Posts Tagged ‘CEOs’

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Yes, American workers are angry. But not just for one reason—for many reasons.

It took a long time for U.S. political and economic elites (and their friends in economics) to understand that the American working-class has been squeezed far beyond what it can take. Even now, it’s not clear they understand, although the campaigns of Donald Trump and Bernie Sanders have given clear indications that the establishment is out of touch.

Even then, the anxieties and frustrations of U.S. workers can’t be put down to one thing.

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Sure, as Mark Muro and Siddharth Kulkarni explain, the American working-class is angry about the loss of manufacturing jobs.

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But let’s also remember that the share of manufacturing jobs in the United States has been on a steady decline since its peak of 39 percent in 1943.

Still, the drop in the number of U.S. manufacturing jobs accelerated in the new millennium, coinciding with a rise in the offshoring of jobs to and the rise of imports from Mexico, China, and other countries in the process of capitalist development. That’s certainly one key factor.*

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But American workers are angry for other reasons—such as the fact that, as Jared Bernstein explains, their wages, which had doubled from the 1940s to the 1970s, have flat-lined since.

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Even more: only wages at the top—above the 90th and 95th percentiles (which, as I have explained before, aren’t really like other wages but, instead, represent cuts of the surplus)—have seen any appreciable increase since the start of the Second Great Depression.

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Meanwhile, even with slow growth, corporate profits (both financial and nonfinancial) continue to rise to record levels.

Thus, workers are falling further and further behind, while the tiny group at the top continues to pull away from everyone else.

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What this means is that every indicator we have—such as average incomes and the share of income captured by the top 1 percent—shows grotesque and growing levels of inequality within the United States.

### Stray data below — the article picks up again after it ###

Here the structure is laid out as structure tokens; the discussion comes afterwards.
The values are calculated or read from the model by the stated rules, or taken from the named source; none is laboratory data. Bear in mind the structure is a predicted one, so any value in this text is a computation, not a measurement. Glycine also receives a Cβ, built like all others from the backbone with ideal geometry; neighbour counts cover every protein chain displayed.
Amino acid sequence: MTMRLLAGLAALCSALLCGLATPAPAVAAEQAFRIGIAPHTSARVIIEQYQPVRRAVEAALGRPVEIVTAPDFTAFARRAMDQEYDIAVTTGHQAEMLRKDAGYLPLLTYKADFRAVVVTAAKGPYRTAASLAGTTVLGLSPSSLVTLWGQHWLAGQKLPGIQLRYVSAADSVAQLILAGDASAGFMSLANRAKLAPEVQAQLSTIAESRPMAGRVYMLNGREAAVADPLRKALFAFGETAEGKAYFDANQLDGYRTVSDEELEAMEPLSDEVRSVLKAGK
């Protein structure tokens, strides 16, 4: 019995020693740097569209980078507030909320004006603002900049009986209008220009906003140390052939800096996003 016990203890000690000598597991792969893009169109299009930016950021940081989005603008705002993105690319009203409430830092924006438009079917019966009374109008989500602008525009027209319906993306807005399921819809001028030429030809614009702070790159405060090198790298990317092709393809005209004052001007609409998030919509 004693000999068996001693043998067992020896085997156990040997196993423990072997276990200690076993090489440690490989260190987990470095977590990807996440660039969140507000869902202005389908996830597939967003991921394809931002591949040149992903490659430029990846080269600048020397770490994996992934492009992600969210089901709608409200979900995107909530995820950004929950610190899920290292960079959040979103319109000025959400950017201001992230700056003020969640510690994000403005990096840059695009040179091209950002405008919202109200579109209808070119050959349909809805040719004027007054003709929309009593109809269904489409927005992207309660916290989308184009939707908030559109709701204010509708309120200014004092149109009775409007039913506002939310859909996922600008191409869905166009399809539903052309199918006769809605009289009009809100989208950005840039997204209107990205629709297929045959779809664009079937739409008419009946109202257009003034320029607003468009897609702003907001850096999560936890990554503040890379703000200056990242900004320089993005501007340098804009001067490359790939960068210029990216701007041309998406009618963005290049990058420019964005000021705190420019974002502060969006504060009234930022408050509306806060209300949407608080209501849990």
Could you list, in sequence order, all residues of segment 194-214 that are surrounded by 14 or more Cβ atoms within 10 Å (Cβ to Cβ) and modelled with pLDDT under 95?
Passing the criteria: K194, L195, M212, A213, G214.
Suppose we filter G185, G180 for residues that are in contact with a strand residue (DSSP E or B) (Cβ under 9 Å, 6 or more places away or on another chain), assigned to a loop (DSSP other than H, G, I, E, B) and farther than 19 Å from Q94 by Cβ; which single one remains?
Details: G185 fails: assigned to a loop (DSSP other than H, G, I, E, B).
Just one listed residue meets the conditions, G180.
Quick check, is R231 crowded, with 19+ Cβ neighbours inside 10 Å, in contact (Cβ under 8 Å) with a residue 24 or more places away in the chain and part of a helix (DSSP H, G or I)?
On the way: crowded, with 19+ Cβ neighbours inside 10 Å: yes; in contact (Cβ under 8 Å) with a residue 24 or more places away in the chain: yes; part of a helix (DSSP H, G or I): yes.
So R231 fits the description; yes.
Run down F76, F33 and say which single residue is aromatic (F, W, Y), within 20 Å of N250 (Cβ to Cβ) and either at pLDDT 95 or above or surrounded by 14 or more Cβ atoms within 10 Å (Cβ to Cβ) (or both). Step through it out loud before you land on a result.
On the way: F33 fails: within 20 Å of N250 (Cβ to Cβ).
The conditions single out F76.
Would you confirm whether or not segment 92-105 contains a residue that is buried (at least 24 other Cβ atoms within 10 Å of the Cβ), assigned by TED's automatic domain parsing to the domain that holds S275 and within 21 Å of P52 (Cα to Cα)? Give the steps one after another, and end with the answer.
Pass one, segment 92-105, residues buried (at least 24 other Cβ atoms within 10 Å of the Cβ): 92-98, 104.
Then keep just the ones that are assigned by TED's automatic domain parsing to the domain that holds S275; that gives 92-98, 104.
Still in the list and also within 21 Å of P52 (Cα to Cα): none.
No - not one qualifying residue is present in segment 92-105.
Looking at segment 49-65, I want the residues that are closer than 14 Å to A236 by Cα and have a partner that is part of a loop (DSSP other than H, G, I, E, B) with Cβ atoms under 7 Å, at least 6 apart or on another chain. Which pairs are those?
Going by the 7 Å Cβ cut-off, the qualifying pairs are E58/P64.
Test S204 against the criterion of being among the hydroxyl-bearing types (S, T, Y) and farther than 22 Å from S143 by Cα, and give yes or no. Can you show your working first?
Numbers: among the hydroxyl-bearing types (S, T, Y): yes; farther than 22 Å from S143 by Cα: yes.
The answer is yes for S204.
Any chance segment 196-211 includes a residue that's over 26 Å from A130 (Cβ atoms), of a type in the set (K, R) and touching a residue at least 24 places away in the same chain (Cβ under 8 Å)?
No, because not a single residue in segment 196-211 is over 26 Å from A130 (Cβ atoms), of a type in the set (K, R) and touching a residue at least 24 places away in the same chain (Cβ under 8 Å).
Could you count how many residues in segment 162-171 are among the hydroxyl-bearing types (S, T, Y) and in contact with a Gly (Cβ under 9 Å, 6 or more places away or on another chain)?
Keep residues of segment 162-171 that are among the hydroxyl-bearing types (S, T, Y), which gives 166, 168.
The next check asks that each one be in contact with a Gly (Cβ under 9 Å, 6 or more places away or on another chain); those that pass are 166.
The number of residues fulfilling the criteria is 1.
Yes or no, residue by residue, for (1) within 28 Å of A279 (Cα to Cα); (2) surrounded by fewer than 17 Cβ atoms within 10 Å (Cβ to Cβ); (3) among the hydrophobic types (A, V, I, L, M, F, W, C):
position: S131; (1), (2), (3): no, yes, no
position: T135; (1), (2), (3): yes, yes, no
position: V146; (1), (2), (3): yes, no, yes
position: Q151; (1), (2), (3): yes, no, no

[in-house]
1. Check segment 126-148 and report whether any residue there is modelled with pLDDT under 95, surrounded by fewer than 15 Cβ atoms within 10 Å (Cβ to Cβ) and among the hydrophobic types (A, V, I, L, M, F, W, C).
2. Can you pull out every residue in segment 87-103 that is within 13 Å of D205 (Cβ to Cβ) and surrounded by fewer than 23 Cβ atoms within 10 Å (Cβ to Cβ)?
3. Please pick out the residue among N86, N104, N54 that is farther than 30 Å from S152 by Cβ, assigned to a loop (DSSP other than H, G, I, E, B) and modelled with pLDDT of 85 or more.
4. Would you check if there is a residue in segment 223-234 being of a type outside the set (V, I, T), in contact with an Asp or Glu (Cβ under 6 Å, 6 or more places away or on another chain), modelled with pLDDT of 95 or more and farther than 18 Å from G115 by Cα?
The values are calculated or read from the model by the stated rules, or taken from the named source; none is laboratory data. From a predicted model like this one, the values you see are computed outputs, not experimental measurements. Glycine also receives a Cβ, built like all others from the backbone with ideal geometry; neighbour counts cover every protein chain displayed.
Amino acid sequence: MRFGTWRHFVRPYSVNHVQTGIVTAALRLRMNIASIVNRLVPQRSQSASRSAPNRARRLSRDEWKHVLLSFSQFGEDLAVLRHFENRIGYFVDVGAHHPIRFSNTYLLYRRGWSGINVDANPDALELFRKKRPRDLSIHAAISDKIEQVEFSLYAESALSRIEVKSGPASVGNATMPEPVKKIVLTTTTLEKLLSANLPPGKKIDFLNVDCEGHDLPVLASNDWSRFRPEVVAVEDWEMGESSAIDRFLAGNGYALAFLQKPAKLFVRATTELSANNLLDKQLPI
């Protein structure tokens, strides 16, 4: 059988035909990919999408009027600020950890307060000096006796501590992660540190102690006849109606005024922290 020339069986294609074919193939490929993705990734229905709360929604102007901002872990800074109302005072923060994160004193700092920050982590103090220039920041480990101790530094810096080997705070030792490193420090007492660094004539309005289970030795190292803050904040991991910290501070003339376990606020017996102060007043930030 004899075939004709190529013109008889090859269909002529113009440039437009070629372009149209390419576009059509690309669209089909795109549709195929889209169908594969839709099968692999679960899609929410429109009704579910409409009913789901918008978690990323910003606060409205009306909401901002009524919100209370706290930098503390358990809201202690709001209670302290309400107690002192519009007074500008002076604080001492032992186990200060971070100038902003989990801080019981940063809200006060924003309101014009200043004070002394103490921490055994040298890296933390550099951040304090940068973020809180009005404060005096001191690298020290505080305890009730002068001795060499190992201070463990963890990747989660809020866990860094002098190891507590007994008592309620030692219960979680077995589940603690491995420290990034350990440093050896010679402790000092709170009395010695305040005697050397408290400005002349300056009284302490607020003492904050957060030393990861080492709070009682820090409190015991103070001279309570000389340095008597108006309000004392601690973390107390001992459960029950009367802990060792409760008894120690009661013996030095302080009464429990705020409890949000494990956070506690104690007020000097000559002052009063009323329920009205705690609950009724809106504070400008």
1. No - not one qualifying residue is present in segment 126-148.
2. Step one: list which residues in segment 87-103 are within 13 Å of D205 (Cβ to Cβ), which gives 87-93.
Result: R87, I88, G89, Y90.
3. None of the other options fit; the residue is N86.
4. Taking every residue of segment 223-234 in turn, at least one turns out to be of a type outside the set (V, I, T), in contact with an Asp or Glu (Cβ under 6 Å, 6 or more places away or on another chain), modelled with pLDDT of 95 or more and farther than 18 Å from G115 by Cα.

So, yes, American workers are angry—at the loss of jobs, their stagnant wages, their employers’ record profits, and the obscene and still-increasing levels of inequality they witness every day.

 

*Daron Acemoglu et al. (pdf) estimate that, considering both the direct and indirect effects, import growth from China between 1999 and 2011 led to an employment reduction of 2.4 million workers—and thus about 40 percent of the decline in manufacturing employment during that period.

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We have, by all accounts, a capitalist economic system.* But who are the capitalists?

It’s one of the questions I ask my students. And they always get the answer wrong. So, in my experience, do most other people.

But it’s a key issue. If we’re going to figure out how capitalism works—and, perhaps even more important, how to change it—we need to know who the capitalists are.

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Well, for starters, they’re not the “top 1 percent” or the “billionaire class”—although many capitalists are in fact members. Those groups, which have become part of our lexicon after Occupy Wall Street and the Bernie Sanders campaign, are defined by how large their incomes are. They’re clearly at the top of the pile in terms of the size of their incomes (and, even more, wealth) but they’re able to capture (and, via low tax rates, to keep) that money not by virtue of being capitalists, but by other means. They own stocks, bonds, and property (and receive dividends, capital gains, interest, and rent) and they are often chief executives of large corporations (and receive more equity share in addition to very high salaries). They benefit from capitalism but they’re not necessarily capitalists.

To put it differently, those who belong to the “top 1 percent” or the “billionaire class” receive large shares of the surplus created within capitalism but they don’t necessarily appropriate the surplus. They don’t “share in the booty” as capitalists; instead, a portion of the surplus is distributed to them by the group of people who are the real capitalists.

So, stockholders are not capitalists. They buy (or receive as compensation) shares in capitalist enterprises, and receive a part of the surplus in the form of dividends and capital gains. Nor are CEOs (and, for that matter, CIOs, CFOs, and other top executives). They’re hired to run the corporations on a daily basis, and often receive a cut of the surplus in the form of exorbitant salaries, benefits, stocks, and golden parachutes.

My students think that shareholders or chief executives are the capitalists but they’re wrong.